Lawmakers ponder how to pay for K-12 education

WICHITA, Kan. (KSNW) – President Donald Trump wants Betsy Devos as Secretary of Education. Devos has been vocal about school choice, where taxpayer money could go to private schools.

KSN asked lawmakers if school choice could happen in Kansas, given the idea was brought up last year and is still being considered by some lawmakers this year.

“I am in total favor of parents having school choice, what I am opposed to is taking state taxpayer dollars and putting them into private schools,” said House Minority Leader Jim Ward, D-Wichita. “We have one constitutional duty, to provide a public education system and that’s where we should put our focus.”

Ward said that he wants lawmakers to focus on providing an adequate education dollar amount, and he fears other issues like school vouchers or school choice could be a distraction.

Other lawmakers agree, there needs to be a specific focus this year. Kansas has to come up with a new way to pay for K-12 education. Two years ago so-called block “grants” were issued to schools, freezing funding. Those block grants expire this year, and a new school funding formula has to be completed.

“We are going to focus on just, right now, focus on the formula for funding our public schools,” said Sen. Molly Baumgardner, R – Louisburg, who is on the education committee in the Kansas Senate. “And I think it just doesn’t make sense to jump ahead of what might happen on a federal level.”

Baumgardner said that block grant was a two-year promise from lawmakers, not to touch education funding.

But, the Kansas budget is in crisis, according to some Republican and Democrat lawmakers. The state has to find about $1 billion over the next year and a half to balance the budget.

School leaders say lawmakers have a lot of work ahead of them.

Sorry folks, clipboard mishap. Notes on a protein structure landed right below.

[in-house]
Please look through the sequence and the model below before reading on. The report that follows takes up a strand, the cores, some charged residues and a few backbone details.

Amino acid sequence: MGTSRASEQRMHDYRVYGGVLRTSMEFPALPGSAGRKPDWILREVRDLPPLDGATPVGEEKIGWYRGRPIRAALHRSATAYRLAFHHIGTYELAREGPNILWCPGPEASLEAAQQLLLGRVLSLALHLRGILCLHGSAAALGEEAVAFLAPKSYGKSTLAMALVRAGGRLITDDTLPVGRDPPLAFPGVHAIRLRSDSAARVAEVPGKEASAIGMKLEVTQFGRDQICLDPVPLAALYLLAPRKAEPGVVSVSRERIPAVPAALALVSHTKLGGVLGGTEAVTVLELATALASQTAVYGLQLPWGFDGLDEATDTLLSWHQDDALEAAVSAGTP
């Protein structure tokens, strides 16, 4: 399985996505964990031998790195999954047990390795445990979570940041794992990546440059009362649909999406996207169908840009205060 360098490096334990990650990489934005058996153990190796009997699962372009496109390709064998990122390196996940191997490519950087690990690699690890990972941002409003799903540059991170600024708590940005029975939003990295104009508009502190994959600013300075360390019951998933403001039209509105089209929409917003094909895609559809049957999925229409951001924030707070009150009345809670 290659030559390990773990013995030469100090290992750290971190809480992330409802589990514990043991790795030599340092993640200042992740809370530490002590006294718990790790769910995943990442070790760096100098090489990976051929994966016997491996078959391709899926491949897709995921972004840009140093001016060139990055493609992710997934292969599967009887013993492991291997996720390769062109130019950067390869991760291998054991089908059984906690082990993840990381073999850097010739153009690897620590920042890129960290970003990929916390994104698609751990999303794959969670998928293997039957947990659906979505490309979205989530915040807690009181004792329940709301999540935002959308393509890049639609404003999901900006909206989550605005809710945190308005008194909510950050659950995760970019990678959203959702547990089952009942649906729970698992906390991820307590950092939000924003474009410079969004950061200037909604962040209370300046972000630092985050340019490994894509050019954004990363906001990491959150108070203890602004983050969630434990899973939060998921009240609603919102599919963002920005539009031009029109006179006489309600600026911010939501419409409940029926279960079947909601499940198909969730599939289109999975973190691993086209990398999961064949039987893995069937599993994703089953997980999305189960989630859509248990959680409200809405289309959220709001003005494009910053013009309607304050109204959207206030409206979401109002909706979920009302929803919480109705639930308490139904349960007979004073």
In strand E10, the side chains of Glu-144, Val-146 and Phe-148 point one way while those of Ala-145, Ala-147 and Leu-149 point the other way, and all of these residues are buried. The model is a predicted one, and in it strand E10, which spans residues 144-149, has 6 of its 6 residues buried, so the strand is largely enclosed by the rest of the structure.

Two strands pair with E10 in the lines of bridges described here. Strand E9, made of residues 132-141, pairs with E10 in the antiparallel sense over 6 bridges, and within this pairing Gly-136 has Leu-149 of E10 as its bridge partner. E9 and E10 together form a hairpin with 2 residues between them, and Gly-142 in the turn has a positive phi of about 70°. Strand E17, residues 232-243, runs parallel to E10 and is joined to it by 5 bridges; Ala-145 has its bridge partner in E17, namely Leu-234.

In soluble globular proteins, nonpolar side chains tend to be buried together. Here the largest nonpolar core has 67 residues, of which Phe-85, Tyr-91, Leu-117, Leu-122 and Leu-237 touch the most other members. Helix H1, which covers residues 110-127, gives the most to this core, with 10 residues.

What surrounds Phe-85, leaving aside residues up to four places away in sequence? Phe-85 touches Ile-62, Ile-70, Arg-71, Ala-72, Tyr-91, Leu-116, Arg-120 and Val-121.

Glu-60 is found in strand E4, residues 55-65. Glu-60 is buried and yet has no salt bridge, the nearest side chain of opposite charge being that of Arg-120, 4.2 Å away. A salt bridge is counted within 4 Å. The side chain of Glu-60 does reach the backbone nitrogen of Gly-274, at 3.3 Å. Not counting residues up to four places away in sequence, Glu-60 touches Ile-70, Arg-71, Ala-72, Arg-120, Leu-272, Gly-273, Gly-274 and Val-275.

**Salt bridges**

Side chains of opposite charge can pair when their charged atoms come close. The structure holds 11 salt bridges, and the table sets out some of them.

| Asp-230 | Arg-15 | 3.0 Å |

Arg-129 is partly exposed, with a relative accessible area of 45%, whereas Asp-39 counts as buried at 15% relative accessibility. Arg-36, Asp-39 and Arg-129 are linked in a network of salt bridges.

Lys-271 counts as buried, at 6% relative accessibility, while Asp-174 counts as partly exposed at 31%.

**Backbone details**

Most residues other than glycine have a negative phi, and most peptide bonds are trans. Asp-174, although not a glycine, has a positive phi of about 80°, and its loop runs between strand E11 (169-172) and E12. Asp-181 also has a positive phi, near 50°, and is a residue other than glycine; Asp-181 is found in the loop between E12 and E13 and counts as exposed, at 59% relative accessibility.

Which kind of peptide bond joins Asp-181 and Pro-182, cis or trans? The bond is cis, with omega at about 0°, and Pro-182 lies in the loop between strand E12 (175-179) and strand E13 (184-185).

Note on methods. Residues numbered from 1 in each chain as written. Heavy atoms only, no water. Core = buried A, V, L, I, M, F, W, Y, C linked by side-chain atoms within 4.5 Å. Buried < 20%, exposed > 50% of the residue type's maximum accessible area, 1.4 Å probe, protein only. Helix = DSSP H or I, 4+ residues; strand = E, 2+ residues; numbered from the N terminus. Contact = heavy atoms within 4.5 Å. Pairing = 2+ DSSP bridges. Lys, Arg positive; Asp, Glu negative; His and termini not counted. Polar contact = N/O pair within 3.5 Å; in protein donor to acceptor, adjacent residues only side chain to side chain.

John Allison is Superintendent of USD 259, Wichita Schools, which is the largest school district in the state.

“Well, I think there’s still a lot of questions to be answered from the Kansas legislature when you look at the financial hole that they are in,” said Allison. “I know that there’s different ideas being bantered about and that’s including cuts to schools. And I think after seven years of cuts to schools, I think it’d be difficult especially during this time of the year.”

Allison said he talks to lawmakers on a fairly regular basis, and said lawmakers are just trying to get their arms around the fiscal deficit for now. He also said he has told some lawmakers that so-called school choice is not a level playing field when it comes to using taxpayer money in private schools.

“I think the big issue is around the shuffling of resources, (and that) is already critical. When you think about school choice, the problem with school choice for me is on the double standard, the idea that school choice solves some issue,” said Allison. “What it really does, as it’s been too often the way that it’s been implemented, is you’re shifting critical resources.”

Some Kansas legislators say school choice will gain some steam with lawmakers in the state. But, they also say, leadership ideas on the federal level likely won’t be a concern in Kansas.

“And I think that we need to have a really straight forward approach on funding that is reliable and predictable,” said Baumgardner. “So that at the end of each school year we can determine if that was a success because the goal is student success.”